The smaller set size means less possibilities. And when R&D wants a card played these days they make it really obvious (Geist of Saint Traft) whereas back then they were much subtler and we sometimes missed the cards they thought would be good - most of the best cards were accidents (Tarmogoyf). Plus in terms of budget, it helped that there were no mythics back in Ravnica and that the most expensive cards were the lands, which drove down the price of other rares - budget players don't mind using a slightly worse mana base than the competitive decks, so they are more willing to be experimental, whereas these days they don't feel so happy because they can see that the other person has geist of saint traft and they have wind drake. Another thing I'm not sure if it has affected the diversity of the meta is R&D's increased hatred/caution of combo decks. Of course you don't want to risk another Academy these days with such a big player base it could have worse consequences than the real Academy did. But having no combo decks cuts out an entire archetype and gives people a lot more confidence about what they are going to face.

All of this, and more.

There's also their push for focusing more on Limited design, which leaves fewer cards per set Constructed playable. They've hinted (or outright stated) quite a few times that cards have been costed higher, or had their effect weakened, for the sake of Limited. They also include cards (like Bountiful Harvest) that are terrible in both formats, to make Draft less mind-blowing (instead of 14 choices, each Bountiful Harvest or similar reduces the options to consider by one).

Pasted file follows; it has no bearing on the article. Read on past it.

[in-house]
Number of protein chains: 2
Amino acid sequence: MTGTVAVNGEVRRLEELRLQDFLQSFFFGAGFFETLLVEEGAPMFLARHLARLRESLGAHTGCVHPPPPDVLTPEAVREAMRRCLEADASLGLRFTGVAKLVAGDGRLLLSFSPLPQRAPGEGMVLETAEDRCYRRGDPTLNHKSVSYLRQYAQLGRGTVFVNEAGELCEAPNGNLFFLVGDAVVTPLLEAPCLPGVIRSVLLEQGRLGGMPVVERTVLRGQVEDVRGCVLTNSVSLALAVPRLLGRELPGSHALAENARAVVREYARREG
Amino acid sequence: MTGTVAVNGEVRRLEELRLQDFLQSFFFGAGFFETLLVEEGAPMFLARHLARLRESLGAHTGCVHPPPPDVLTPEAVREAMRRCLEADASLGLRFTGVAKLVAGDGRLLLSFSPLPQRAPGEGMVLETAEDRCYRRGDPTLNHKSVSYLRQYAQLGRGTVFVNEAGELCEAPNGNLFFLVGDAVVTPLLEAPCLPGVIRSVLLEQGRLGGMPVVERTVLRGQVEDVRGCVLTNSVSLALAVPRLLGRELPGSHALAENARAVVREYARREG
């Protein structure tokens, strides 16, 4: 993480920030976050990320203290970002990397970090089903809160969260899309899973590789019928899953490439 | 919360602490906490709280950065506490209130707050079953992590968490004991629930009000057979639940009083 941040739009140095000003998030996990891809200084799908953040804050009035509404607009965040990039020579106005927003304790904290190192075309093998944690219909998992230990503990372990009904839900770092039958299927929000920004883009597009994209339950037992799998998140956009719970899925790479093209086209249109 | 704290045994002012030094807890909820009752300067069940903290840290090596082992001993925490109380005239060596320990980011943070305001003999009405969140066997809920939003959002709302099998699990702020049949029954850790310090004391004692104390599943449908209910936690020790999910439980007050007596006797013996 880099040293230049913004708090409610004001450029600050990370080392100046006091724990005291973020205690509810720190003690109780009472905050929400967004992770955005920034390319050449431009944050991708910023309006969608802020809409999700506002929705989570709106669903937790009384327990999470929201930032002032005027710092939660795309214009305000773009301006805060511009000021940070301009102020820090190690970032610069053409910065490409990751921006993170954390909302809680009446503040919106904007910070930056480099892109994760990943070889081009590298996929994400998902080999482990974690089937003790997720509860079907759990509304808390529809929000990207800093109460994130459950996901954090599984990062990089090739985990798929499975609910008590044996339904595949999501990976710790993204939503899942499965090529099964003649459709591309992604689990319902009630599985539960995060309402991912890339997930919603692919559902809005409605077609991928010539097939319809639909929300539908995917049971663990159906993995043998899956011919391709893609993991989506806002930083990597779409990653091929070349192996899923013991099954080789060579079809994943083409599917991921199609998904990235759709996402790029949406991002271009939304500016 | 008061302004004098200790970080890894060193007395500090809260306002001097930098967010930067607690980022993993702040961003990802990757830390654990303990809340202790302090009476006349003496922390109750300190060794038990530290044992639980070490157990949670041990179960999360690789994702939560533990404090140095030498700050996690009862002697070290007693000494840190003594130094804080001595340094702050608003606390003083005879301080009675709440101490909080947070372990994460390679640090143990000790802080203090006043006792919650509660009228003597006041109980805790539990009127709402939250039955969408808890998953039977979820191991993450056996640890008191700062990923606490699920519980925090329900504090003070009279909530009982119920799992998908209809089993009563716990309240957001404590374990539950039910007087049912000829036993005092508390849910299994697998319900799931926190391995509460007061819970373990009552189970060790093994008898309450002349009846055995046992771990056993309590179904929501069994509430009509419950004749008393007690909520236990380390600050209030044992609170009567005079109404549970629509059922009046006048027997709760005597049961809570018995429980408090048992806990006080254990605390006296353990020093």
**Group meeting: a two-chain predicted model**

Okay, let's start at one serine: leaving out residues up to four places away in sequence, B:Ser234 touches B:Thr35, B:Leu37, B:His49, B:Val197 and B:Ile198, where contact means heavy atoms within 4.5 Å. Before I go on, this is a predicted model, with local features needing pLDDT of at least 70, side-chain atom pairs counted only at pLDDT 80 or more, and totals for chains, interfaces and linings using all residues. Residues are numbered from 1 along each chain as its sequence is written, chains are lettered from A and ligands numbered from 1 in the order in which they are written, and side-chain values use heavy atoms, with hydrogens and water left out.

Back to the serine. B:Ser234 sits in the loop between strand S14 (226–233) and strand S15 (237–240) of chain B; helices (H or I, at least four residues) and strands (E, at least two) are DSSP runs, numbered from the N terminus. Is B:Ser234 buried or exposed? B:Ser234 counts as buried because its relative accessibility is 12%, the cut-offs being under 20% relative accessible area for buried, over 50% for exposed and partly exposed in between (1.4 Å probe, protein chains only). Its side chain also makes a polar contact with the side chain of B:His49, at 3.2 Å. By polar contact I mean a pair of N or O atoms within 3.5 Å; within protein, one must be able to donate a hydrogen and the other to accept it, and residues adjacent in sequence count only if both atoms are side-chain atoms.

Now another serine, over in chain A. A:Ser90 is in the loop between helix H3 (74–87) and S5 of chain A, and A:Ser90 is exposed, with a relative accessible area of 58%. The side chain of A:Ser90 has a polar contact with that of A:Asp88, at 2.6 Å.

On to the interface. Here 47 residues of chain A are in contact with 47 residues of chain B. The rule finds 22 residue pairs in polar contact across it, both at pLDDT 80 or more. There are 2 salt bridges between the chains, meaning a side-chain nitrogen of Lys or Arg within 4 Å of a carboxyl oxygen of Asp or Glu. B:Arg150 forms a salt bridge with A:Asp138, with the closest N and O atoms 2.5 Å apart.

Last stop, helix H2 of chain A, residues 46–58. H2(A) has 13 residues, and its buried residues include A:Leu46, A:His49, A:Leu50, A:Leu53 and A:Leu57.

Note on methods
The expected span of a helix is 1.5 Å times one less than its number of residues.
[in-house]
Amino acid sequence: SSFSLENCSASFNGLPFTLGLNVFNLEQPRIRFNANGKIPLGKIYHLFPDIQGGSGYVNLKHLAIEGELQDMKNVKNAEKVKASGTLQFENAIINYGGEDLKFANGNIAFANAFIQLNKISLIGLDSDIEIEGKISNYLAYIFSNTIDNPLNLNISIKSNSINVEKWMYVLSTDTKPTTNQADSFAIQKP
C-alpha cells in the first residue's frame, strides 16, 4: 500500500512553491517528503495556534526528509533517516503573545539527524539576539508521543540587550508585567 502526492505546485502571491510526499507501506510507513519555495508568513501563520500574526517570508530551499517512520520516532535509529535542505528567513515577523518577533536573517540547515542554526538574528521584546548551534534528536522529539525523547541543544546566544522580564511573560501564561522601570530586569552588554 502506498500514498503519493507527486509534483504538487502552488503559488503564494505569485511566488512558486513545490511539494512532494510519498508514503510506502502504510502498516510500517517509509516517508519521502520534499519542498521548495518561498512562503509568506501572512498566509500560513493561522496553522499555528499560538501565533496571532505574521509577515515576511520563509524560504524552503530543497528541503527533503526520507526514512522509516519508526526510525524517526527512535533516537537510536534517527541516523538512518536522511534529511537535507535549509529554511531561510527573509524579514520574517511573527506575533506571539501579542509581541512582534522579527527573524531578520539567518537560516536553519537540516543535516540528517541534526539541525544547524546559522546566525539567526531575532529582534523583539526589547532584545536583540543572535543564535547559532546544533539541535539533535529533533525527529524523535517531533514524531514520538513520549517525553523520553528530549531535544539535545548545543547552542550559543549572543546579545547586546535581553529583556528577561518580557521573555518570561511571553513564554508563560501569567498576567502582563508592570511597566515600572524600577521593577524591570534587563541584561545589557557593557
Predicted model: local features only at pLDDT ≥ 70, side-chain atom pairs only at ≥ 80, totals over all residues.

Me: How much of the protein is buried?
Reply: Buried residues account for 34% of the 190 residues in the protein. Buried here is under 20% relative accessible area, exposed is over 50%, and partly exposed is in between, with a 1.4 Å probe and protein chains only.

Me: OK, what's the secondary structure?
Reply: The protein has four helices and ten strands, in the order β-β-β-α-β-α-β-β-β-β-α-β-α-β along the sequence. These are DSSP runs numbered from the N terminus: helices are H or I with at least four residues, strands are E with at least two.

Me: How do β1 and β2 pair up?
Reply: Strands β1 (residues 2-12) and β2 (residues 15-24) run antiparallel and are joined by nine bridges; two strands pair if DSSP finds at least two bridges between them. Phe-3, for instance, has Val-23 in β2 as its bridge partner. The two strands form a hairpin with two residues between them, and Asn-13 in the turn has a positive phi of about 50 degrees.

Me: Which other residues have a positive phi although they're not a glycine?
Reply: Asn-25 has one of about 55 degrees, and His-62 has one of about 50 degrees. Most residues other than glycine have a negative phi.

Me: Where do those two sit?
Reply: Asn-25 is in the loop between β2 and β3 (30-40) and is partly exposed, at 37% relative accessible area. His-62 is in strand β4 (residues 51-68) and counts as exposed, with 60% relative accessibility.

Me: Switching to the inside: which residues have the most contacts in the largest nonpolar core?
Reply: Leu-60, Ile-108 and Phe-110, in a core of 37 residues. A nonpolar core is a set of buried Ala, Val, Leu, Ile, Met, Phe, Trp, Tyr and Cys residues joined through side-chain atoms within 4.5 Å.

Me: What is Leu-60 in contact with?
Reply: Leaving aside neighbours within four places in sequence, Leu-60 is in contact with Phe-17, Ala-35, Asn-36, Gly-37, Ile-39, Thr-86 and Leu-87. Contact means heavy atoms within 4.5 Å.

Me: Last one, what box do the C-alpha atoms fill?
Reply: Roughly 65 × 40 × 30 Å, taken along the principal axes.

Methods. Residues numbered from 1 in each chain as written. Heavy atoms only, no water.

And then there's New World Order. By taking a lot of the complexity out of Common, there are a lot fewer playable cards in Common. After all, Complexity usually means options. Why run a Common card that can do only one thing in your deck, when you can grab a Rare or Mythic Rare that fulfills a lot more roles at once? Why run Vorstclaw when you could instead run Primeval Titan or Soul of the Harvest? The only Commons that get played any more tend to be those with no analogue in higher rarities: Counterspells, Pinpoint Removal, Bounce, and the like.